So far, the child’s achievements have been mixed. He seems to have discovered an efficient means of acquiring food, yet he appears unable to comprehend simple questions from his two-year-old sister, including “Hey, what are you doing?” or “Would you pull my nose?” All of which means he’d be uniquely suited to cover the tax beat for ABC News if the opportunity presented itself for some reason.
My son’s birth, interestingly enough, coincides with the 131st anniversary of the signing of the Treaty of San Stefano, by which Bulgaria was pried loose from the…
On this date in 1864 Union prisoners of war began arriving at Camp Sumter, a shadeless, sixteen-acre marsh stockade where, as one former inhabitant later described it, the “spewings of toads and reptiles and swamp ooze, decaying wood, weeds and rank grass are distilled into poison.” Known more conventionally as Andersonville Prison, the site became an enduring symbol of Confederate perfidy, the subject of dozens of ghoulish memoirs that sustained Unionist indignation for decades.
In a sense, the prison was a material consequence of the very cause for which the South was fighting. When the Union armies began enlisting African Americans — including escaped slaves — in 1863, the Confederacy declared its intention not to return captive black soldiers, whom they insisted were still the rightful property of their masters. In the wake of the Confederacy’s refusal, the prisoner cartel…
This set of presidential rankings, as Steve Benen points out, is not all that useful except as a conversation-starter.
Bearing that in mind, I’ll simply note the absurdity of keeping William Henry Harrison on the list. Ol’ Tip’s misplacement is thrown into high relief by virtue of his being ranked lower (39) than George W. Bush (a gentleman’s 36), which I’d expect even Bush partisans to recognize as a silly comparison. I have no quarrel with ranking Bush ahead, for the time being, of the three presidents — Fillmore, Pierce, and Buchanan — who set the stage for the Civil War; and I’m even willing to keep Andrew Johnson and Warren Harding on a lower rung for now, though I’d expect him to overtake Harding fairly soon.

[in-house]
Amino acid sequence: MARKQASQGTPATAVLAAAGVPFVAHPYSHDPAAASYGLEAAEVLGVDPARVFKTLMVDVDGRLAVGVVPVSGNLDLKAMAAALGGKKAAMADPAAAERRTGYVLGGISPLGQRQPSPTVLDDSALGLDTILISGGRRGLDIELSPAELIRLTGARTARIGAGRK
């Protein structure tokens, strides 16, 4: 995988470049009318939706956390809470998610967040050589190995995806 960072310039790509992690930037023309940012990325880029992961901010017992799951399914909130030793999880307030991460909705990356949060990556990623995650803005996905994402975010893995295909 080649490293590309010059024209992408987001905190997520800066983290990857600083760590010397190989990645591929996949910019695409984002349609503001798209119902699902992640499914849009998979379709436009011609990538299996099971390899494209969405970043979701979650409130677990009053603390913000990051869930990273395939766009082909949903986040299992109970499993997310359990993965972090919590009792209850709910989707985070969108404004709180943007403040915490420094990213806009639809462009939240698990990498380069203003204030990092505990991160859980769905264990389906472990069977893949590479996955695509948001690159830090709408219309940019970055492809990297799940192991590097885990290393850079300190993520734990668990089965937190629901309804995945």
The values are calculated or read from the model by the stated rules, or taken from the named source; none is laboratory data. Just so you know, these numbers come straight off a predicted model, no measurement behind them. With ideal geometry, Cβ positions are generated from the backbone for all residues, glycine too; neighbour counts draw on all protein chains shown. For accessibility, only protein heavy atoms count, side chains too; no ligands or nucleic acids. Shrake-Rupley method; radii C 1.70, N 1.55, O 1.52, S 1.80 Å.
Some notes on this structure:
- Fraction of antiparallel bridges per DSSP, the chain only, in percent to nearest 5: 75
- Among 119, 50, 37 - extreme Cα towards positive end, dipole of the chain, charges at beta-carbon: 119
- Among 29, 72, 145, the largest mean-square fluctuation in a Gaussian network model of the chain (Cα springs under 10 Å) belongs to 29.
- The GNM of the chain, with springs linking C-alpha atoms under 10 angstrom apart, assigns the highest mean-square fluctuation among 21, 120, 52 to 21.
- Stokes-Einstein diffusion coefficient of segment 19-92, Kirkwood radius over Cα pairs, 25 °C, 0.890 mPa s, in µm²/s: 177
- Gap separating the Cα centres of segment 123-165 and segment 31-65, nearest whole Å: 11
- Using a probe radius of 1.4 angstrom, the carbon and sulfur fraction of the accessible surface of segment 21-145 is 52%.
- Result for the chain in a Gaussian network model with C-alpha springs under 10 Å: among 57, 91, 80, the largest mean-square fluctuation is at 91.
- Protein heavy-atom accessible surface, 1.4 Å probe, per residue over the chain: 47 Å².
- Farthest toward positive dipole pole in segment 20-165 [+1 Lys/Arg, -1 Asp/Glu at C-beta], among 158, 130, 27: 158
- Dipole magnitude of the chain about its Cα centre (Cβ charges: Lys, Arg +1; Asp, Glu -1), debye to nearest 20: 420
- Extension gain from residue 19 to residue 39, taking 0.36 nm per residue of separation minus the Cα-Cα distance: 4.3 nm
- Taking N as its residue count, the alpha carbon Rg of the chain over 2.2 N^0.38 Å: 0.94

But in all seriousness, we need to give Harrison the equivalent of a “No Basis” grade for his 32 days in office. It’s like he bought the books; showed up the first day,…
As Eric urged last fall, I’m officially disappointed by someone new.
I don’t have television, which I’m gathering is quite a good thing these days; I’m having a difficult time imagining how precisely the Obama administration and Congressional Democrats managed to squander what should have been an obvious objective advantage on the stimulus bill. I haven’t read anyone who’s utterly thrilled with the package — and I’m one of those people who would prefer it to be twice as large — but neither have I read anything even remotely supportive an example of “galactic,” wasteful boondoggling (as NPR’s Marketplace allowed the never-interesting David Frum to claim in one of his unseriously “serious” commentaries this evening.*) Instead, it seems to me that people with demonstrably bad economic beliefs — people who, as Angry Bear pithily described it, “hates spending any tax money on public…
I don’t know if Rod Blagojevich would appreciate the near-coincidence, but it turns out he was thrown out of office a mere one day short of the 360th anniversary of the execution of Charles I. Damn. So close.
Nevertheless, I’m reminded of David Hume’s bathetic love letter to the headless king. Perhaps his words can provide Blago and his many adherents with the solace they need in these difficult days.